Sleeping: Recliner vs Bed
Last updated: October 2022
Sleeping is never easy when you have COPD. In the early stages of COPD, I developed a nagging cough that intensified when I lay down to sleep.
Laying down exacerbates that cough, and we can and will cough until we elevate ourselves. When coughing begins, it interrupts our sleep by waking us several times every night.
Many of those times, we are unable to go back to sleep. We wake up, and after that struggle is over, we end up feeling more tired than we were when we went to bed.
Benefits of coughing
Coughing is good for you. A productive cough, which accompanies mucus, allows us to rid our lungs of irritants that can make us sick and cause shortness of breath.
Coughing helps us to rid the irritants by moving mucus and expelling it up and out of the lungs. Having a cough is a symptom of issues that are lurking.
Pay attention to your cough and journal its changes and what it could mean to you. Any significant changes in mucus production, such as color and texture, should be reported.
It could be time to begin your action plan, helping you feel better sooner, and it could save your life. Sleeping in an elevated position might also help keep GERD at bay.
Sleeping in a recliner
From time to time, those with COPD will sleep on a recliner chair instead of our bed. Having had abdominal surgery many years ago and unable to get comfortable in my bed, I slept on my husband's recliner chair for many nights.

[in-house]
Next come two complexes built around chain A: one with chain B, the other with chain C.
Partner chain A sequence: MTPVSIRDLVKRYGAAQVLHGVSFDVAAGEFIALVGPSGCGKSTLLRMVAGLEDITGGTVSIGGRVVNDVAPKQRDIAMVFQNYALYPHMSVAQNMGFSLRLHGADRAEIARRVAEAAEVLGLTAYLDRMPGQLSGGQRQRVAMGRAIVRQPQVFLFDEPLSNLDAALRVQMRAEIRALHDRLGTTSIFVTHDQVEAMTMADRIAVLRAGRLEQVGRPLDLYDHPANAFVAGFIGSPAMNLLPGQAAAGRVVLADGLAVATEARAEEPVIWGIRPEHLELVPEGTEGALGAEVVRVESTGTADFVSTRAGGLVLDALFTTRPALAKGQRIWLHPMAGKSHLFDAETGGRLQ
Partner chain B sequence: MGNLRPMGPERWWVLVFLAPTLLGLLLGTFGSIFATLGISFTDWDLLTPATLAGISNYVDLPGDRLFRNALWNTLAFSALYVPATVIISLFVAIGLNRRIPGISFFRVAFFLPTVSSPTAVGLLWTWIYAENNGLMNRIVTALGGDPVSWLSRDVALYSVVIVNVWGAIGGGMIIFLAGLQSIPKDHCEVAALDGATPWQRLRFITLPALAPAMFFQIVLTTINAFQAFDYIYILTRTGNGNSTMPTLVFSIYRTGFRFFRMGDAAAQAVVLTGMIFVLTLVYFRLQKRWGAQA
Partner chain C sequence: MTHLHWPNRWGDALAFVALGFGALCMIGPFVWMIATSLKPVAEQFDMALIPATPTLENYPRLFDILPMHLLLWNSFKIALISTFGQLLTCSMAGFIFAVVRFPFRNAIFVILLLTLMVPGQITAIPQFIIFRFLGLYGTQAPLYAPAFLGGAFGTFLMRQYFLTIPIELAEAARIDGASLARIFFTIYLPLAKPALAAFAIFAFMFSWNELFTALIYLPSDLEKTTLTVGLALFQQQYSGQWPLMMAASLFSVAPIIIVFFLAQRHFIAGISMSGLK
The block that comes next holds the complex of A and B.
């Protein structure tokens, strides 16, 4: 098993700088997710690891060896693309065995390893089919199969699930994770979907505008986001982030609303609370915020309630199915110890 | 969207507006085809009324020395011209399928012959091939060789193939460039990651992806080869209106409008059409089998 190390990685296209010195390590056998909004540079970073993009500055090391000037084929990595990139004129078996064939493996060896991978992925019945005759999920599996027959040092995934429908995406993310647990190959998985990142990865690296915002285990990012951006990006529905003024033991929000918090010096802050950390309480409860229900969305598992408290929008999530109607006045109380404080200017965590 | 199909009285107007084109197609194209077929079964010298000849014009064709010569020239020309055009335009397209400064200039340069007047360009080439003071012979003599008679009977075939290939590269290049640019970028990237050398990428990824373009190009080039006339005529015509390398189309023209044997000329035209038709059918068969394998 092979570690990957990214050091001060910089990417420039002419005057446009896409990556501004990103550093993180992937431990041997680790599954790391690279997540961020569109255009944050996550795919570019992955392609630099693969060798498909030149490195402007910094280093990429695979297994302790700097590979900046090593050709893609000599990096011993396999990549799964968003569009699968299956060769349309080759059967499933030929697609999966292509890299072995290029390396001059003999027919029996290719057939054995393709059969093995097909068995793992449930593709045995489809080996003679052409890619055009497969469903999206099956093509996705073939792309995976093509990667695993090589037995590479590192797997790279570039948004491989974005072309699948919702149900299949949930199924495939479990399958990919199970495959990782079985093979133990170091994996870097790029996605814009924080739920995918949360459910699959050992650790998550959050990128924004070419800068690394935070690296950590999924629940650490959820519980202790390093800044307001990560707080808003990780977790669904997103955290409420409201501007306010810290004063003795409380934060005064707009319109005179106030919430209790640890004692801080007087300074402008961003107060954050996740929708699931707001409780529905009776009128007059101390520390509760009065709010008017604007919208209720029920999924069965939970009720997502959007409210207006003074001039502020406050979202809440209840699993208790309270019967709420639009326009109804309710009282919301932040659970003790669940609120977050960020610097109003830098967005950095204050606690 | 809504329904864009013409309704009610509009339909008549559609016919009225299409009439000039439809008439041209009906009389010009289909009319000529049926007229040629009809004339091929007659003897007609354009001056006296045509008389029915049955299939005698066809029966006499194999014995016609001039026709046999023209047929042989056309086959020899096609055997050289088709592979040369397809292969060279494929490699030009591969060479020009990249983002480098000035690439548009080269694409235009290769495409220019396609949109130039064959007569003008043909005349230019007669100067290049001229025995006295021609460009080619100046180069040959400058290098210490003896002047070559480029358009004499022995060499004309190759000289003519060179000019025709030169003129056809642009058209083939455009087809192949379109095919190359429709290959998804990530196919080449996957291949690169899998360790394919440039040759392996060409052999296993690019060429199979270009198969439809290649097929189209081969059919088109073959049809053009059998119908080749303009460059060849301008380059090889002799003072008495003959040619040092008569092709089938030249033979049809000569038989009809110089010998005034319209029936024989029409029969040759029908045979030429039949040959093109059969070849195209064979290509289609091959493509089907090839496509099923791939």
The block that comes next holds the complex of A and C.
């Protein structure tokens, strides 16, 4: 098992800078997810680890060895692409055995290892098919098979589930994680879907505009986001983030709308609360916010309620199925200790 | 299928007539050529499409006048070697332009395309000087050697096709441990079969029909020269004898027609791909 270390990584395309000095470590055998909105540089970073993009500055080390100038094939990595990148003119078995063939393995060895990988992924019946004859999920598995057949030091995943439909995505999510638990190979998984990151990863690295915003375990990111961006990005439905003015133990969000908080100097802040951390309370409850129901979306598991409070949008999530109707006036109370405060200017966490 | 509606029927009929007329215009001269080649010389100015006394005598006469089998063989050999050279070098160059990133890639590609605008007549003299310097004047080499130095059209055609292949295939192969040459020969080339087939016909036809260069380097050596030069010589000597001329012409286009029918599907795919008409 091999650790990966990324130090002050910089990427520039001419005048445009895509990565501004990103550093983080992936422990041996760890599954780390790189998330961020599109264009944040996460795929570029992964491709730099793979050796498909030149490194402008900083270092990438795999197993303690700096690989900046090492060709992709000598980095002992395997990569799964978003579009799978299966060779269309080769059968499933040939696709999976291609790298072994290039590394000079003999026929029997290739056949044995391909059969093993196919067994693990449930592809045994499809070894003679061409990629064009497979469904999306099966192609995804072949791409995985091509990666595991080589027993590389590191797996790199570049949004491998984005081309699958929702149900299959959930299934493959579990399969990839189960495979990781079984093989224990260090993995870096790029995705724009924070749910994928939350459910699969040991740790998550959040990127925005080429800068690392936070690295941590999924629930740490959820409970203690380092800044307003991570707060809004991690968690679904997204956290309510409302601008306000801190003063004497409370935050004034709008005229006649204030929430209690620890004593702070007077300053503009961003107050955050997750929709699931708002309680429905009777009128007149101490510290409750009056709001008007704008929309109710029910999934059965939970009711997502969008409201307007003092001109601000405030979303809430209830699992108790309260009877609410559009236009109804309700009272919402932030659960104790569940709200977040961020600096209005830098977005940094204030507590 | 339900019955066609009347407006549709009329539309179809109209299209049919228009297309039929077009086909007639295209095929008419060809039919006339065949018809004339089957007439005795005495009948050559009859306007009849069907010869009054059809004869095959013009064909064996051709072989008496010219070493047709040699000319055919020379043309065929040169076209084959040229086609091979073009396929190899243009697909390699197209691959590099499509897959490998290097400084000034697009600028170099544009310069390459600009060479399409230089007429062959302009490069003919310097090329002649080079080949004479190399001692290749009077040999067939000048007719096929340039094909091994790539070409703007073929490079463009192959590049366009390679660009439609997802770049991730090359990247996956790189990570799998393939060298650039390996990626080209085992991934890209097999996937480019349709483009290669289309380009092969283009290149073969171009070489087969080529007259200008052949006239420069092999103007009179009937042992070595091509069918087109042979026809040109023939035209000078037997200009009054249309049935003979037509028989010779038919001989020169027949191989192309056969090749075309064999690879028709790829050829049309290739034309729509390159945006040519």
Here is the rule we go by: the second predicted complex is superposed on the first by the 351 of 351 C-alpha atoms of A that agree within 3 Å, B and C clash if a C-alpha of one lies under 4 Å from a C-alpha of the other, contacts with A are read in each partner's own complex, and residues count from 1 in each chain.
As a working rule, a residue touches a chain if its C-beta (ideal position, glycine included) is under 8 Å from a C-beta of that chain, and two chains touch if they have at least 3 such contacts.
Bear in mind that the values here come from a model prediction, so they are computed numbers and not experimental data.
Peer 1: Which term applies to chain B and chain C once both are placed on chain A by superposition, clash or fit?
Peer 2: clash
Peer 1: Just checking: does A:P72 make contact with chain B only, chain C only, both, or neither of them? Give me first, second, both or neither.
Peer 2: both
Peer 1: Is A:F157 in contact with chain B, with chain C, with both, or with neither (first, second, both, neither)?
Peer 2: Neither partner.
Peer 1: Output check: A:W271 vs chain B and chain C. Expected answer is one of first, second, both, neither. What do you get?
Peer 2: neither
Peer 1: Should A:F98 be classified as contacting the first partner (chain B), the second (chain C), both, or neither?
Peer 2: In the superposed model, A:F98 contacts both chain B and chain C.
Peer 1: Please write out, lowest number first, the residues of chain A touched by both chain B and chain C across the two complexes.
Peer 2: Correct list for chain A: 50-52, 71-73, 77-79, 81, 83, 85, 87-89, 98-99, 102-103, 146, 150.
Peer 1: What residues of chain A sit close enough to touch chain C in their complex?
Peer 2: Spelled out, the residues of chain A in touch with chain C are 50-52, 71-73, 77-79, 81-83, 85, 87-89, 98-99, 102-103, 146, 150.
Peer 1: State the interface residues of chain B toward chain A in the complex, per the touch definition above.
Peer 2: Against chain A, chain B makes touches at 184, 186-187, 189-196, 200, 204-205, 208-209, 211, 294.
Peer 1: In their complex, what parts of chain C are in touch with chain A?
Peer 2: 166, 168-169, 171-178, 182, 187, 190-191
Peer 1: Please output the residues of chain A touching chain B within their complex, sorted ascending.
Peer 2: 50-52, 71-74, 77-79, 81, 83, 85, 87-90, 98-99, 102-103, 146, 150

This works for those of us with COPD because it helps to elevate our torso, and that helps us to control our cough. It also allows you to bend your legs while you sleep. We do have a hard time sleeping on flat surfaces.
Getting rest in your own bed
Some use an electronic bed, much like a hospital bed. It raises and lowers your head and knees with a remote, and in queen size, it often has dual sides for each person's preference.
It is a decadent piece of equipment and works well for those needing it. It is cost-prohibitive for me, and I imagine I might never get out of bed if I had one.
So how can we duplicate the rising and lowering of our bed? It can be done with pillows such as a body pillow or a wedge pillow.
COPD is a disease that often robs us of the sleep we need to repair our bodies. I find it hard to recover the next day when I don't sleep well.
My situation turned dangerous, and I needed to find a way out of this pattern. Whatever your preference, work on finding ways to make sleeping a celebration.
Splurge on the best sheets and blankets you can afford. Keep your bedroom clean, and bring in a plant or two.
Find ways to celebrate sleep.
What stage was your COPD diagnosed as?